It is with absolute confidence and a heavy sigh of relief that I can finally, wholeheartedly say: You can now forget that Cars 2 had ever happened.
Yes, I’m far kinder to Cars 2 than most people are, but there’s no denying that it couldn’t be further than from its heart-wrenching predecessor, making it the odd black sheep in the Cars trilogy. Luckily, Cars 3 doesn’t fall victim to the same troubles that made Cars 2 so dreadfully unbearable, and almost entirely allows you to forget about it at all. What’s perhaps so welcoming and entertaining about the latest installment of this series is that it represents all the same elements that defined Cars into a beautiful and brilliant movie, and omits the elements that fell flat over the span of these three films. While Pixar’s current model consists of many sequels, which some would consider being Pixar on the verge of creative bankruptcy, Cars 3 proves that they still have the beauty, ambition, and emotion that defined their films over a decade ago.
Cars 3 sees Lightning McQueen, an unspecified amount of time after the events of the first Cars movie (this film does not acknowledge the events of Cars 2 at all), and McQueen is still comfortably at the top of his game. However, when tragedy strikes, McQueen will need to re-asses himself, and everything he loves, in his struggle to keep up with the sport that he once dominated. At its core, Cars 3 is about accepting who you are, finding the beauty in others, and letting go of the pain that defines you. Reminiscent of Pixar’s glory days, the movie inspires us to think about ourselves and find the beauty in the little things. It hardly reaches the level of Pixar’s best, but it’s a refreshing promise of Pixar maintaining their quality, and their brand.
For that reason, Cars 3 has a very Rocky IV-esque feel to it, in which both our heroes find themselves with the need to rebuild themselves in order to keep up with the changing world around them. These films complement each other because they tackle the difficult problems of change, and our need to accept it. But even though Lightning has come a long way since finding humility and love from his friends in Radiator Springs, he’ll still need to realize that in order for himself to succeed, he’ll need to believe in others, and not only himself to help him reach his goals.
There’s much that makes Cars 3 a truly fun ride, and much of that can be contributed to its lightning-fast pacing and gripping storytelling. Director Brian Fee proves that he is the perfect suitor for the job as he learns to balance action with tension, and emotion with humor throughout the film. Perhaps what makes the film most special is new character Cruz Ramirez, who is ultimately the film’s secret weapon and adds a massive amount of heart and depth that defines what makes this movie so special. Cruz’s introduction and character arc amount to perhaps the most interesting element of the movie and there’s no doubt that by the time the credits begin rolling, she’ll be your new favorite character too. There isn’t much room for old characters, as characters like Mater and Sally gets pushed to the sidelines once again while the main arc takes place throughout the film. But considering that Mater got his spotlight in Cars 2, his supporting role can hardly be a negative thing, and much like his character should be, he only appears when he has something unique to contribute to the story, which makes his appearances appreciated, and not exhausting like the previous films had him portrayed.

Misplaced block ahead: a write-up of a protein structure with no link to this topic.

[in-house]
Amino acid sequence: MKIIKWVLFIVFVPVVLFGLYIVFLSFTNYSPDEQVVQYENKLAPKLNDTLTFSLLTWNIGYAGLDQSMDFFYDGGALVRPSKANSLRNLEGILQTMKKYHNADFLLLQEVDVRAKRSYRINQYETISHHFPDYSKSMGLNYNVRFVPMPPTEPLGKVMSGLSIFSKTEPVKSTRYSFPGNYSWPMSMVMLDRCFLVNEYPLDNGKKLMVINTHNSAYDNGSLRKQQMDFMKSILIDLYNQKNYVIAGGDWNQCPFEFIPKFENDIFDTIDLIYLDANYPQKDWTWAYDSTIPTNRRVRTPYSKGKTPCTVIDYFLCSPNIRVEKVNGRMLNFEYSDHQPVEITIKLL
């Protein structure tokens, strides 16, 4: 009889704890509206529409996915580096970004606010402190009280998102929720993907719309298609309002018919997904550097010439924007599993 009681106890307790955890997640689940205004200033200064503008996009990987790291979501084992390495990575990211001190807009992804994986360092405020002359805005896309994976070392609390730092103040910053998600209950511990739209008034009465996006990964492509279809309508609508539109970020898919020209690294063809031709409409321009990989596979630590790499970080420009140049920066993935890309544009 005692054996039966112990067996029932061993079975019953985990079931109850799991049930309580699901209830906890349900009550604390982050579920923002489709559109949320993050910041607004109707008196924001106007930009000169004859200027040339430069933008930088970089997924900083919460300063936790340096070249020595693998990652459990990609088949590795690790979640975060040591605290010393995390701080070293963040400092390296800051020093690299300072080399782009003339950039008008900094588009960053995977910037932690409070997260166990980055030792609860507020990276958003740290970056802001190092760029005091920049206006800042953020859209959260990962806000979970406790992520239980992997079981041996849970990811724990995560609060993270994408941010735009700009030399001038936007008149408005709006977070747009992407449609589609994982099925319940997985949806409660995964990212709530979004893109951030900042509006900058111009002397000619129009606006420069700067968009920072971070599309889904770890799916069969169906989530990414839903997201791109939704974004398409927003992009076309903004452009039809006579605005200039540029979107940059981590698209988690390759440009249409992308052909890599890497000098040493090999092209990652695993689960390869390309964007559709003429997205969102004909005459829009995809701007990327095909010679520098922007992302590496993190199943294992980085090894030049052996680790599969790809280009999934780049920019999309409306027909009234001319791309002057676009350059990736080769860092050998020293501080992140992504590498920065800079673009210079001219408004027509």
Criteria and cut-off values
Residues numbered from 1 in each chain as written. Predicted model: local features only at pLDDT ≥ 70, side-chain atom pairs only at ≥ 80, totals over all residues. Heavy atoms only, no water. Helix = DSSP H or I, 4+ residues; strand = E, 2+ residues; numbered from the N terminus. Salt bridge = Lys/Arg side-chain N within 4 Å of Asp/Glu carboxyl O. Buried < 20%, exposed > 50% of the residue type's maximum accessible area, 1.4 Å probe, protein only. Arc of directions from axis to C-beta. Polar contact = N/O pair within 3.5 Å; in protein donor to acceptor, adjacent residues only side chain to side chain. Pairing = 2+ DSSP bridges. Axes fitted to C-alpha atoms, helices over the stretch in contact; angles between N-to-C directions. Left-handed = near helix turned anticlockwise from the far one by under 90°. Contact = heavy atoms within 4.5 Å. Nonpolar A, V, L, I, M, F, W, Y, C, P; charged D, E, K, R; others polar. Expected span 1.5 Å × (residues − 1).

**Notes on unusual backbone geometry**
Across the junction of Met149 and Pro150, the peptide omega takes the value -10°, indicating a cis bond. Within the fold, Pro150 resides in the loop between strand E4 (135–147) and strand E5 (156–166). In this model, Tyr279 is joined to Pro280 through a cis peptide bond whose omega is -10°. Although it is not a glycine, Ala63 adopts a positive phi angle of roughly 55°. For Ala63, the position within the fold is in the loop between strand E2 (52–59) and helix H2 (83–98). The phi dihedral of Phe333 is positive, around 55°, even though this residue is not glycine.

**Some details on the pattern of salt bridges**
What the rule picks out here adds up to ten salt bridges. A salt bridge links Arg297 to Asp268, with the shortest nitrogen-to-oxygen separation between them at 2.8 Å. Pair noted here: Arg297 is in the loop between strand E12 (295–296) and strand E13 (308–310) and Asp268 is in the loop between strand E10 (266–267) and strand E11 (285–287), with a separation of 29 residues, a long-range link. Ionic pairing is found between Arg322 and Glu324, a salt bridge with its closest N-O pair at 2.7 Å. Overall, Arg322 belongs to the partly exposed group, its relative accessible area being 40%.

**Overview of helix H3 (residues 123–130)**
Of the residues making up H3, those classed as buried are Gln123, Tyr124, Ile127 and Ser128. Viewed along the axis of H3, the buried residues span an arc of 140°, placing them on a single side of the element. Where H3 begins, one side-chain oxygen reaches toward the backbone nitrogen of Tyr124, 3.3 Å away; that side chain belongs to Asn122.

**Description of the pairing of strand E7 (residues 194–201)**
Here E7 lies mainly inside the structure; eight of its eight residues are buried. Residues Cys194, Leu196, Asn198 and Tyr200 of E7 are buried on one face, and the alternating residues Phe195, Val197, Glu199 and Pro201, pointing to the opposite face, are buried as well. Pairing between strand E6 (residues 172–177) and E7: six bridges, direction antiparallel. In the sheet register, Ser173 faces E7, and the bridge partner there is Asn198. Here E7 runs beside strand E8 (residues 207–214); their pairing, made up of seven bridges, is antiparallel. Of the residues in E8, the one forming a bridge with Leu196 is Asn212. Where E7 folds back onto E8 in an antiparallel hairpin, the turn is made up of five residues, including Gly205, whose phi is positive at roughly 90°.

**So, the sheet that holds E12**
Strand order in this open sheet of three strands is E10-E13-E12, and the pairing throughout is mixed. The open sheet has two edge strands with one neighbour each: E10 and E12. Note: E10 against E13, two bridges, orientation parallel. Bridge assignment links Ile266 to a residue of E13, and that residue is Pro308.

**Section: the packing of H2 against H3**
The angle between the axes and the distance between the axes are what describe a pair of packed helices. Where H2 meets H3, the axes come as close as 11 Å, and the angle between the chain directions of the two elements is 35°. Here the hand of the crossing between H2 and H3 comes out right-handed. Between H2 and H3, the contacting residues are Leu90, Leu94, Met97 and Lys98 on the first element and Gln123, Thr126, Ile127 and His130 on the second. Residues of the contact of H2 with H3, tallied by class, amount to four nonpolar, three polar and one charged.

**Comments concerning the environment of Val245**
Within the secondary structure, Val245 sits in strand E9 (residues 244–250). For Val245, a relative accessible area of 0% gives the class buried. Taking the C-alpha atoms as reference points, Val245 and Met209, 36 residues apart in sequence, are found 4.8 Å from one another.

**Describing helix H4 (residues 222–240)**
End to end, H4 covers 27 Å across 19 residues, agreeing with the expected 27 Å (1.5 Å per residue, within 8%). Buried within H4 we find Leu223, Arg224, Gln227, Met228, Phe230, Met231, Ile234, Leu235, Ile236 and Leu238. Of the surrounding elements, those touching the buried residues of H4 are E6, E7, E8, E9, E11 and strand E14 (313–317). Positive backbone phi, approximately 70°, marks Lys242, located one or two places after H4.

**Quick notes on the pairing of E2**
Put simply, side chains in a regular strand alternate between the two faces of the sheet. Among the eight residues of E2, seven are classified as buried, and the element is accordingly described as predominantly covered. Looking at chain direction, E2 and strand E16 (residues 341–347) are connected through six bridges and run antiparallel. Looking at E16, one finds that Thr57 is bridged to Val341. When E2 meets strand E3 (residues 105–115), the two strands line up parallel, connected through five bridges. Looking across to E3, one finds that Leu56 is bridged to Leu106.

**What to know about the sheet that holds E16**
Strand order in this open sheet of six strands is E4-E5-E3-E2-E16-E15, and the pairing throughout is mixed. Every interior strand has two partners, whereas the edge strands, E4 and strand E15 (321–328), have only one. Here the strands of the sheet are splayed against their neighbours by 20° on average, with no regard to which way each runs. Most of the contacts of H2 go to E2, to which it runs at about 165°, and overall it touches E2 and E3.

As much as Cars 3 is brimming with emotional beauty, there’s no shortage of visual beauty to accompany the feature as well. That’s because Pixar continues to outdo themselves in visual artistry, pushing the very boundaries of animation that they set before them. Every frame of Cars 3 is rich with stunning detail, not only expanding on the brilliant color and designs of Cars, but somehow making it even more immersive and beautiful. The team continues to impress in new ways and expanding on groundbreaking feats that they introduced with the first film. Visual artistry and attention to detail is one of the many things that make this film an incredible feat for animation. This film is also accompanied by a brilliant new short film that’s easily Pixar’s best in years, titled Lou, which is so spectacular that deserves a review of its own, which will debut on our site later in the week.
After a lackluster bump in the road in 2011 as a sequel to a film that’s far from Pixar’s best, although is a brilliant film in its own right, Cars 3 proves that the road-trip taken within this time was truly worth it. Those who have stuck with these characters through these two films, countless spin-offs, and a theme park land, will appreciate how this film further expands the Cars mythology and character arcs, which pay off in some truly fantastic fan-favorite moments. The film offers a fresh start for one that’s been stuck in neutral for some time and represents that now that the Cars movies have pushed their way out of the ditch they’ve been stuck in, there might be promising journey ahead.
Cars 3 is not only a promising return to the world of Lightning McQueen, but it’s a promising return that will remind you of Pixar’s golden era. While Pixar might only be pushing out one original film in this sequel-heavy phase (Coco, which comes out this November), this film shows that even in a sequel-reliant future, Pixar still has their storytelling ambition that they built their legacy on. Cars 3 is an emotional ride that does justice to its predecessor, and now that Cars is a quality franchise again, we can’t wait to see where this road will lead them next.
Cars 3 opens in theaters nationwide this Friday, June 16th.